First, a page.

New film from germany, bungalow, opens this week
A major work of the celebrated Berlin School, the debut of Ulrich Köhler (In My Room) is a mesmerizing portrait of a young German soldier named Paul who goes AWOL and returns to his childhood home in the countryside. Over a few summer days, Paul evades the responsibilities of everyday life and falls in love with his brother’s girlfriend, disrupting the lives of everyone in his circle. With Köhler’s penchant for deadpan humor and subtle performances, Bungalow becomes a quiet mockery of militarism, familial estrangement, and youthful ennui. New 4K Restoration.
Critic’s Pick! Köhler’s first film, newly available in the U.S., is a secretive and beautifully observant study of teenage disaffection. — The New York Times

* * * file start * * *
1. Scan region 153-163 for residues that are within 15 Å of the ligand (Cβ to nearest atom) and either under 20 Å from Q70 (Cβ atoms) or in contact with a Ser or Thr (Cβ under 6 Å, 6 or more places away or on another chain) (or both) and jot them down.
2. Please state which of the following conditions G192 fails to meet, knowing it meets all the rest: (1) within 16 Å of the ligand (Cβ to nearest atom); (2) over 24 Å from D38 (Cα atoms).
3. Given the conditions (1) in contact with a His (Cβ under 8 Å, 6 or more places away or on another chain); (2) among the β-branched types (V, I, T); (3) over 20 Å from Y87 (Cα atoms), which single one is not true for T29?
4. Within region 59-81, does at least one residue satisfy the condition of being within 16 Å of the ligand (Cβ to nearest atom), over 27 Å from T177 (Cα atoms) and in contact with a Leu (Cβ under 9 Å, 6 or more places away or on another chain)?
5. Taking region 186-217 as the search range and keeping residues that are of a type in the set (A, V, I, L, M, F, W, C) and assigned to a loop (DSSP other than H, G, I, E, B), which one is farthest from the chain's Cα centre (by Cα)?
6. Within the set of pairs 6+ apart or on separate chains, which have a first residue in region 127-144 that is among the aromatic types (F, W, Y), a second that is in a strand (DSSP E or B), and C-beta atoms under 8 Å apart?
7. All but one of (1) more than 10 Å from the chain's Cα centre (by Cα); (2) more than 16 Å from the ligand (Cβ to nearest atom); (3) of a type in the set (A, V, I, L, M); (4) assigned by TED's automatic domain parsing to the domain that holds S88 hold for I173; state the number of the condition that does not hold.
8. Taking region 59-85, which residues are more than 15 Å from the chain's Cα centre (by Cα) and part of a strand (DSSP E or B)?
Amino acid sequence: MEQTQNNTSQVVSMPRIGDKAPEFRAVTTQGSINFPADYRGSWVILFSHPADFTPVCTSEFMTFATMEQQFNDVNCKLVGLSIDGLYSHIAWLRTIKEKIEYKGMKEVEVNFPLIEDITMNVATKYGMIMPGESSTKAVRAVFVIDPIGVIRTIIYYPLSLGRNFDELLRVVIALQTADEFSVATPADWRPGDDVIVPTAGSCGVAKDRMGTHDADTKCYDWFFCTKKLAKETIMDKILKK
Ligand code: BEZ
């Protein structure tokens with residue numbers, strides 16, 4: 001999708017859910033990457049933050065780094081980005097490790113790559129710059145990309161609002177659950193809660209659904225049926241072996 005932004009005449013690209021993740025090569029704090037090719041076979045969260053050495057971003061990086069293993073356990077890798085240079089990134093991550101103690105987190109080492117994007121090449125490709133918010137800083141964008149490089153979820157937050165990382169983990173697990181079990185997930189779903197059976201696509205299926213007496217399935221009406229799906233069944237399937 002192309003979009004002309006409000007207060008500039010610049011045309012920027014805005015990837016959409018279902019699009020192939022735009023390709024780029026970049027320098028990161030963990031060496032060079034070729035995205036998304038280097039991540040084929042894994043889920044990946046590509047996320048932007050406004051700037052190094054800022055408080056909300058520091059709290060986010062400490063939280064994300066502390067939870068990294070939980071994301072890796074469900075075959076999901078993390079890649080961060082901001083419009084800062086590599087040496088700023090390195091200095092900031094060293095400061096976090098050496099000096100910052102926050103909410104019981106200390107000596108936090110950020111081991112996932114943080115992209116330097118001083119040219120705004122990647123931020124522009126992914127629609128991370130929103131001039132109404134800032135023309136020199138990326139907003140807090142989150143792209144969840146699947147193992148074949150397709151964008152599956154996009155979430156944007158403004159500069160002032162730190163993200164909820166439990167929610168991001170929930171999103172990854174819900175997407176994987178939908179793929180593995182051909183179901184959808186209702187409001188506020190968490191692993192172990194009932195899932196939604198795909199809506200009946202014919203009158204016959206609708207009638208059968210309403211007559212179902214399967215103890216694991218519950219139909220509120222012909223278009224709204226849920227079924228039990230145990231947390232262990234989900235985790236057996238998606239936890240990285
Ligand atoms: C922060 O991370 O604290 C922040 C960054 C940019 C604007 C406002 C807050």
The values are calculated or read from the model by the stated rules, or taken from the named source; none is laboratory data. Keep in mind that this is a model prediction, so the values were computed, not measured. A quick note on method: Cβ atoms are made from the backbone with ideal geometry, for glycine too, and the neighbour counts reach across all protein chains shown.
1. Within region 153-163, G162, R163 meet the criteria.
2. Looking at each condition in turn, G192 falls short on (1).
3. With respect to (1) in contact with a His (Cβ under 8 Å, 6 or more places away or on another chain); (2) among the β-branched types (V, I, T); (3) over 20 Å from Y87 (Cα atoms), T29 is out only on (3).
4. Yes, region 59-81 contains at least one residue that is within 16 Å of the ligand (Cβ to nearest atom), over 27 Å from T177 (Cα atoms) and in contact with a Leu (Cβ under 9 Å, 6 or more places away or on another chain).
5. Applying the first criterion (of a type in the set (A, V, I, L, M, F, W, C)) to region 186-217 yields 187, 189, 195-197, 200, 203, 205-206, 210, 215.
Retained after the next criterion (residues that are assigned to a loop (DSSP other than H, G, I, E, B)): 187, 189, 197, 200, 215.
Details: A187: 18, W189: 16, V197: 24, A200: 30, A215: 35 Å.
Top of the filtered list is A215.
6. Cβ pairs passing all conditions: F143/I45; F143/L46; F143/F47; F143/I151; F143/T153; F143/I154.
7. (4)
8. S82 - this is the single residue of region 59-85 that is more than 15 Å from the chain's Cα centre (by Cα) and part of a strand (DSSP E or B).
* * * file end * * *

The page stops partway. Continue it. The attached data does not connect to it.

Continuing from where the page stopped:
Our annual fiction issue is on the stands. Special thanks to Fiction Editor Justin Chandler who read through the many submissions we received and chose the six that we have published. “Fiction is often most celebrated when it is most individualistic,” Justin says, “presenting an experience that is unlike any other, equating privacy and originality with authenticity. If that’s the case, is fiction capable of presenting life as a collective exercise? How do you tell the story of a pandemic? Of a divided populace? Of indifferent or even malevolent elected officials? It’s a year like no other and I hope that each of these stories offers you something new—if nothing else, the pleasure of reading, the opportunity to briefly step away from the endless barrage of information and to think newly and differently about the world.”